Few ultra-luxury watches feel as cheerful as many of those that are produced by Swiss Hublot. For 2021, those fond of orange can bask in the translucent glow of this little lovely number that combines a hued sapphire crystal case with a brand-new automatic tourbillon-based movement. Limited to 50 pieces as the reference 419.JO.0120.RT in orange, we can already anticipate that the Hublot Big Bang Tourbillon Automatic Orange Sapphire watch will arrive in other colors in the future. This is also the first orange-colored sapphire crystal watch produced by Hublot. Expensive wrist candy rarely tastes so good.
At a glance, this watch is “just” a modern generation Hublot Big Bang when looking at the distinctive and modern-looking case shape. Its size is 45mm wide and 15.3mm thick — more or less the same as your standard Big Bang UNICO Chronograph watches. The first hint that something is different is the case, which is a translucent orange color, and which is produced out of sapphire crystal. Hublot followed Richard Mille (the first company to do a sapphire crystal case) in celebrating the use of synthetic sapphire as a watch case material. When Hublot released its first sapphire-cased Big Bang watch in 2016, it was the most affordable sapphire-cased watch on the market. Later in 2018, I reviewed a very similar Hublot Big Bang UNICO with a sapphire crystal case here.
Since then Hublot has made sapphire crystal one of the many exotic case materials they like to use for some of their special watches. Colorful timepieces are very trendy in the ultra-luxury space and, in many ways, have supplanted traditional luxury materials such as gold or platinum. In addition to clear and colored forms of sapphire crystal, Hublot also makes prolific use of ceramic case materials. Hublot probably offers watches in a larger variety of sapphire and ceramic colors than any other brand.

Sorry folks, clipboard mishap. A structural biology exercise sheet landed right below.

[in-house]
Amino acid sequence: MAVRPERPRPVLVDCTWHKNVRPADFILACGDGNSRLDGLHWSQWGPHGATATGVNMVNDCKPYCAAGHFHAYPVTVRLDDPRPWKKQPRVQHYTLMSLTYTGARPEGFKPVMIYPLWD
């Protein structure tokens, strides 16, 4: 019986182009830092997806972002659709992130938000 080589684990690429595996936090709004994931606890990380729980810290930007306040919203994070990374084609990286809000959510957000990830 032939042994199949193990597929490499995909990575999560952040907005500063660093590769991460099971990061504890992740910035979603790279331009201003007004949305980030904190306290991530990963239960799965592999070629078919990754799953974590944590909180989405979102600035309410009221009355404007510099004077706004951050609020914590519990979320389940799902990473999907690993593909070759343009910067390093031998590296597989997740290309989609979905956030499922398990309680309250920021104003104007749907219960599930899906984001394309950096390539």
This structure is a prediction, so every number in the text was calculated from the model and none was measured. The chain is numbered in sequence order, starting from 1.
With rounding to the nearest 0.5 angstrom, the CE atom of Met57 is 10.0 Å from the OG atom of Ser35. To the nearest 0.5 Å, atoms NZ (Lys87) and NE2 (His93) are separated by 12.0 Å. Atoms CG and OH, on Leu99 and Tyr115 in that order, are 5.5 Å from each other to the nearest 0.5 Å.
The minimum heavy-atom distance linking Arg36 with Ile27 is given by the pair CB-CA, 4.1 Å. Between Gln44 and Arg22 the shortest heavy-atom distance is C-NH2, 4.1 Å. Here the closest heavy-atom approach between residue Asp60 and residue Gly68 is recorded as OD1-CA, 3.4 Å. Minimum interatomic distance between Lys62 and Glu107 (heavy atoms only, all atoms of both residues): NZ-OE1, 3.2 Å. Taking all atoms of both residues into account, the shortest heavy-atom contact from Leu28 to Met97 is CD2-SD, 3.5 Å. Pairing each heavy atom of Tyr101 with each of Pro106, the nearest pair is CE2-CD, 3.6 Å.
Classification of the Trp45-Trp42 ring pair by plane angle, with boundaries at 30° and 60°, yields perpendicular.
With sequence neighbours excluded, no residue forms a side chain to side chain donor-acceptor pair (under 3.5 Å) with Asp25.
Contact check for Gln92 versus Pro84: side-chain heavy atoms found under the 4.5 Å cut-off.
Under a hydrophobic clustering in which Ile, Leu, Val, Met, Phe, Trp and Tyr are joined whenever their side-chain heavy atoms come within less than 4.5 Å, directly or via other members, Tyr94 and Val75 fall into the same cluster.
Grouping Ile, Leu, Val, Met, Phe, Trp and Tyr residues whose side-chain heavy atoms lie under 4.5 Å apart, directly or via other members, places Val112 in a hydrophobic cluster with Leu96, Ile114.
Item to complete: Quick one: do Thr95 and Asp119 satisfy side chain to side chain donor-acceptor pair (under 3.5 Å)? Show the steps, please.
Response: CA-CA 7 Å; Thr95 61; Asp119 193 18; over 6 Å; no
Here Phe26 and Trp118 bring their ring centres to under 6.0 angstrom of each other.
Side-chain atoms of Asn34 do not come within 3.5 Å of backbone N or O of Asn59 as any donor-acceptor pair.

All illusions that a sapphire crystal watch might be nothing more than plastic are shattered the moment you touch the case material itself. Nothing plastic feels this strong, yet smooth. Sapphire crystal is pretty hard, and more importantly, it is very scratch-resistant. Experiencing normal wear and tear, a sapphire crystal-cased watch will probably still look brand-new a decade later. The only area that will get some wear is the small number of exposed metal parts, such as the screws and crown.
Sapphire crystal isn’t only used for the case of this Hublot Big Bang watch, but also the dial. Clear sapphire crystal is used as a movement bridge, which doubles as the watch dial. On it are applied hour markers while a hole is cut out in order to provide space for the spinning flying tourbillon. The movement is known as the Hublot caliber MHUB6035 and is the first automatic tourbillon with a micro-rotor produced by the brand. This particular orientation of dial features and parts isn’t new, but micro-rotor automatic tourbillon movements are still rare.
At 6 o’clock on the dial, you can view the flying tourbillon with its spinning 3Hz escapement assembly. Above it, under 12 o’clock on the dial, is the mainspring barrel (with 72 hours of power reserve). Over the mainspring barrel is a 22k gray-gold (for weight) automatic micro-rotor. The entire movement is made up of 243 parts and is highly skeletonized in its design so that you can see through much of it.
Hublot isn’t limiting the use of the MHUB6053 Automatic Tourbillon movement to just this Big Bang Orange Sapphire model. 2021 will also see the Hublot Big Bang Tourbillon Automatic watches in black ceramic and also Texalium material. What is great about the movement is that it is as visually bold as it is practical. So is sapphire crystal as a case material, for that matter. That means a watch nearing $175,000 can be worn very much like a daily-use timepiece (for the right type of wearers that is). Limited to 50 pieces, the reference 419.JO.0120.RT Hublot Big Bang Tourbillon Automatic Orange Sapphire watch has a retail price of $169,000 USD. Learn more at the Hublot website here.